A Shunning in Seattle
A powerful megachurch’s harsh tactics raise questions about how much control churches should have over their members’ lives.
Before now, Mars Hill’s only response has been posting an excerpt on church discipline from Driscoll’s 2009 book Vintage Church on its website and an opaque tweet from Driscoll. But Justin Dean, the church’s PR and marketing manager, agreed to answer my questions by email to tell the church’s side of the story.
One key element that was not clear in Andrew’s original account, Dean told me, was that the letter was intended to be read aloud, not posted online, and only to a “handful” of people. Instead, the group leader received unclear instructions and posted the letter online, a move Dean insists was not meant to hurt Andrew.
Furthermore, says Dean, only the approximately 15 members of Andrew’s small group, who met regularly and knew one another well, had access to the letter on the City. (Though Andrew was blocked from accessing the City, he says the letter was available to a slightly wider circle, including his fellow security volunteers.) “His case was not shared with the full church and had, until he posted it publicly online, only been known by a handful of people who were involved in his life and cared deeply about him,” Dean said. (Confusing social-media privacy settings strike again!) He added that Driscoll was not involved in the case at all. Mars Hill currently has 5,417 members and just nine ongoing church discipline cases.
Ugly, divisive cases like this one can make the entire concept of “church discipline” seem medieval. But the practice has a long history in the church, including a passage in the Gospel of Matthew, and 16th-century reformers who named discipline as one of the three “marks by which the true church is known.” Ken Sande, president of Peacemaker Ministries, an organization that consults on Christian conflict resolution issues, compares church discipline to how a bar association operates. The bar polices itself, watching over members and holding them accountable. Church discipline can help intercept true predators before they do more harm and sends a message about the consequences of sin—a phenomenon Sande compares to when the bar association publishes the names of disbarred attorneys.
As a church grows from a tight-knit community to a group of thousands, discipline becomes more difficult. That’s why churches like Mars Hill encourage participation in small groups, in which members can be accountable to one another in their personal struggles. Moral development, as old-fashioned as that term may sound, can be a beautiful, transformative part of the work of the church.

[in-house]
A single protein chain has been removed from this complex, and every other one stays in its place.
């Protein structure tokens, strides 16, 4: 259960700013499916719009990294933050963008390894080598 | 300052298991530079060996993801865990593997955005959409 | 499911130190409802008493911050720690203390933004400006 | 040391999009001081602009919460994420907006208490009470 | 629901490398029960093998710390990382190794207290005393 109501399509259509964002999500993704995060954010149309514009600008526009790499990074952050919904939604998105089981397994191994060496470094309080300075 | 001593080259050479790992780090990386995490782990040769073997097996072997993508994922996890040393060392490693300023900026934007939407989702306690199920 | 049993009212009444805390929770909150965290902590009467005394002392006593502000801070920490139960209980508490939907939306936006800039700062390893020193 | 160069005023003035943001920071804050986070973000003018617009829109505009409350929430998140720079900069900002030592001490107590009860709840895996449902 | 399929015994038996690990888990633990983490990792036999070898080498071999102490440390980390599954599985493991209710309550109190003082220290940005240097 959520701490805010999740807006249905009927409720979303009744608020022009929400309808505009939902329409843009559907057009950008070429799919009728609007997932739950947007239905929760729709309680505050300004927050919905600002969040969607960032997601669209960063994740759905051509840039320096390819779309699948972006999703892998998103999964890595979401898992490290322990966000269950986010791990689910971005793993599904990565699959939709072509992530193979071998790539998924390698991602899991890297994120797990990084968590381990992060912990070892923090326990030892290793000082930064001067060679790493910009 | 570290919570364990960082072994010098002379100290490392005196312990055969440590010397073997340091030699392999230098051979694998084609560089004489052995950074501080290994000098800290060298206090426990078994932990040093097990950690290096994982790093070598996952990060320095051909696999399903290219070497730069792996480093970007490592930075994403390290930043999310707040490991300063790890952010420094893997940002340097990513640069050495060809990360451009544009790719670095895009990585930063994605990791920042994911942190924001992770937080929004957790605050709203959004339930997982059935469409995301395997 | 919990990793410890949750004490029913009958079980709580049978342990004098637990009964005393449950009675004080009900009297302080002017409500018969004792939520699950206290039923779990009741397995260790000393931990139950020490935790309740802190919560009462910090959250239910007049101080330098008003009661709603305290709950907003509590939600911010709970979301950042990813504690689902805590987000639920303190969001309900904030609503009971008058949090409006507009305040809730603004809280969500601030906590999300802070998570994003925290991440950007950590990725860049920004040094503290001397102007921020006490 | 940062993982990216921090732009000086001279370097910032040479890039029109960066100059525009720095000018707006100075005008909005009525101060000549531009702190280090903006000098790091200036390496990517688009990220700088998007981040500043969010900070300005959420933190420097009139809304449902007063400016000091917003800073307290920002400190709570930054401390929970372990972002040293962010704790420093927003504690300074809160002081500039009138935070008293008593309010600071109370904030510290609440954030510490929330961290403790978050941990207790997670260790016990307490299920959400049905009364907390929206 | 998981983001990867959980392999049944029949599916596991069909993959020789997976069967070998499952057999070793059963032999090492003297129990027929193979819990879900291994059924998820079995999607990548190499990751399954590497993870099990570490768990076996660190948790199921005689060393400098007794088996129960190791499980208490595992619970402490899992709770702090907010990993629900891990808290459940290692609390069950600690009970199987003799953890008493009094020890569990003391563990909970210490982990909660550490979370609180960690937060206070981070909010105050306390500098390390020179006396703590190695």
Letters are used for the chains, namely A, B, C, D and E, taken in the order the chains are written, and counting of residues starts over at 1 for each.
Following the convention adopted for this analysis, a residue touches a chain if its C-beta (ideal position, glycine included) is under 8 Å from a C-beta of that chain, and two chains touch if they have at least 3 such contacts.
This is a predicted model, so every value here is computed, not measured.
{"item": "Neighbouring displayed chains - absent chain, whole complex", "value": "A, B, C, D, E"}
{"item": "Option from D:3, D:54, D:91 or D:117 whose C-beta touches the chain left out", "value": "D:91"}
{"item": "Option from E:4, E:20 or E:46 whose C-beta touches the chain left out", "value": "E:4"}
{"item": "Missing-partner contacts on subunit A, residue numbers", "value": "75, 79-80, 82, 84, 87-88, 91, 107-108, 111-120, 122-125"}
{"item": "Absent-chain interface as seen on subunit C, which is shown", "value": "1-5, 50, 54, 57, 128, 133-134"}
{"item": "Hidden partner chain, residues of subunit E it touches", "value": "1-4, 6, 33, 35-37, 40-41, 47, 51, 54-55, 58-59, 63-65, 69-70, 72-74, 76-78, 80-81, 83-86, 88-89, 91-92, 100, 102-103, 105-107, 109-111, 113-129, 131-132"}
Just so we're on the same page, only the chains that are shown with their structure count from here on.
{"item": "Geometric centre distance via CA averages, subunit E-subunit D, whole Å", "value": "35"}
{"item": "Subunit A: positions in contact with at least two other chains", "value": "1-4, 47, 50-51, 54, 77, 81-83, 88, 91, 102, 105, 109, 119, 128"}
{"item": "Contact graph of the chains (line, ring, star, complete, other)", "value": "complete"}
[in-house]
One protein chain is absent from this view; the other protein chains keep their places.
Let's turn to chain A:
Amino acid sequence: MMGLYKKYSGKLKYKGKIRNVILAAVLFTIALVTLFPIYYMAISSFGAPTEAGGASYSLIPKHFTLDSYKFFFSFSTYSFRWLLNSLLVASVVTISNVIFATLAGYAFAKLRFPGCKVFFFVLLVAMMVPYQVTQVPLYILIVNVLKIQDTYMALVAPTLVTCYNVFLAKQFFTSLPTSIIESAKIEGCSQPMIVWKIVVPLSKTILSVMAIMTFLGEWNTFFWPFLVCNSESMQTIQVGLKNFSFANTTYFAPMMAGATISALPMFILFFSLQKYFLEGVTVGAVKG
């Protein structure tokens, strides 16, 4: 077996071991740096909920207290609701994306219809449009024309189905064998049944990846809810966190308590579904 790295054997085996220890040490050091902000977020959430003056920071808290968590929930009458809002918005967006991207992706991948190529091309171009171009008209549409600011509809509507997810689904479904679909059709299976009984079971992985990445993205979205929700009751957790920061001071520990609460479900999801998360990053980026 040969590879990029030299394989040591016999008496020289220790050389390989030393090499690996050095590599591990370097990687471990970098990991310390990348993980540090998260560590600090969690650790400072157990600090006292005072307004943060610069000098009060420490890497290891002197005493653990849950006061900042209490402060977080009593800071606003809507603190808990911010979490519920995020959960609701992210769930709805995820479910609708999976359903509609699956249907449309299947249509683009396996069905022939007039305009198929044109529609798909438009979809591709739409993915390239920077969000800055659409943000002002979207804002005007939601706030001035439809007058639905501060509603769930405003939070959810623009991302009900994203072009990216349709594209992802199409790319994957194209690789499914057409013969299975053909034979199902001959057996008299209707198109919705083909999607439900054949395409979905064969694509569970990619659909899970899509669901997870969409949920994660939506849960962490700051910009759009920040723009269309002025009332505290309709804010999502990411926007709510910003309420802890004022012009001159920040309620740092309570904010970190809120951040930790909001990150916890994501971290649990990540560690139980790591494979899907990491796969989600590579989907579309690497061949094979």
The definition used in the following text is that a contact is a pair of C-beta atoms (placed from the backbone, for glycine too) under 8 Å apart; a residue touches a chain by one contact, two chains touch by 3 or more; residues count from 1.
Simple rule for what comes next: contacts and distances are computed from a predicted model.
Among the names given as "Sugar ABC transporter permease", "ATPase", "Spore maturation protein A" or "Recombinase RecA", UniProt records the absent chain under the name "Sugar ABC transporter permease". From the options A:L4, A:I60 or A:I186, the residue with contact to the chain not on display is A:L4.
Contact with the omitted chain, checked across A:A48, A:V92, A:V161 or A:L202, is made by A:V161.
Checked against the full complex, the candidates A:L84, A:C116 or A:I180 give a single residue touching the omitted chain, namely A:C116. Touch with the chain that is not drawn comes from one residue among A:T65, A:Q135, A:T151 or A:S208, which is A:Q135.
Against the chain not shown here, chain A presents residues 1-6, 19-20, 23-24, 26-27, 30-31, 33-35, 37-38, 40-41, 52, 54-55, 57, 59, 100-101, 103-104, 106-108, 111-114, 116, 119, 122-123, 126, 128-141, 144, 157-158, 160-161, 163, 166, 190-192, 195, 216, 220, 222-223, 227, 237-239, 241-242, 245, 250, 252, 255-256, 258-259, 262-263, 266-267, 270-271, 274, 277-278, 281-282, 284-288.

Though experts say the practice of church discipline has been broadly on the decline for decades, cases of heavy-handed punishment occasionally make the news. In 2008, for example, the Wall Street Journal reported than a megachurch pastor in Nashville, Tenn., threatened to expel 74 members for gossiping. But “when church discipline is working well or rightly, it is respectful of personhood,” John Ortberg, the influential senior pastor of California’s Menlo Park Presbyterian Church, told me. “So it’s not coercive, it’s not manipulative, and it doesn’t build a culture that’s characterized by inappropriate levels of fear or shame.”
The question that Mars Hill members must confront is whether the atmosphere at their church is one of respect or shame. Dean says that the church would welcome reconciliation with Andrew, but Mars Hill is not backing down from its strict definition of repentance. The unspoken implication seems to be that Mars Hill itself has done nothing it needs to repent from.
Dean describes Andrew as “a man who cheated on his fiancee, lied about it, and only confessed after being pressed about suspicious details.” And Driscoll made it clear in remarks at a 2009 conference that he does not tolerate divisive “troublemakers” at Mars Hill. “You can really change the culture of a church by just removing a few ‘negatives’ and elevating a few ‘positives.’ Most of the ‘neutrals’ change. You don’t need to get rid of everybody most of the time,” he said.
Getting rid of Andrew may end up being a mistake for Mars Hill, though. Because of him, the chorus of troublemakers is growing louder.
Ruth Graham is a writer in New Hampshire.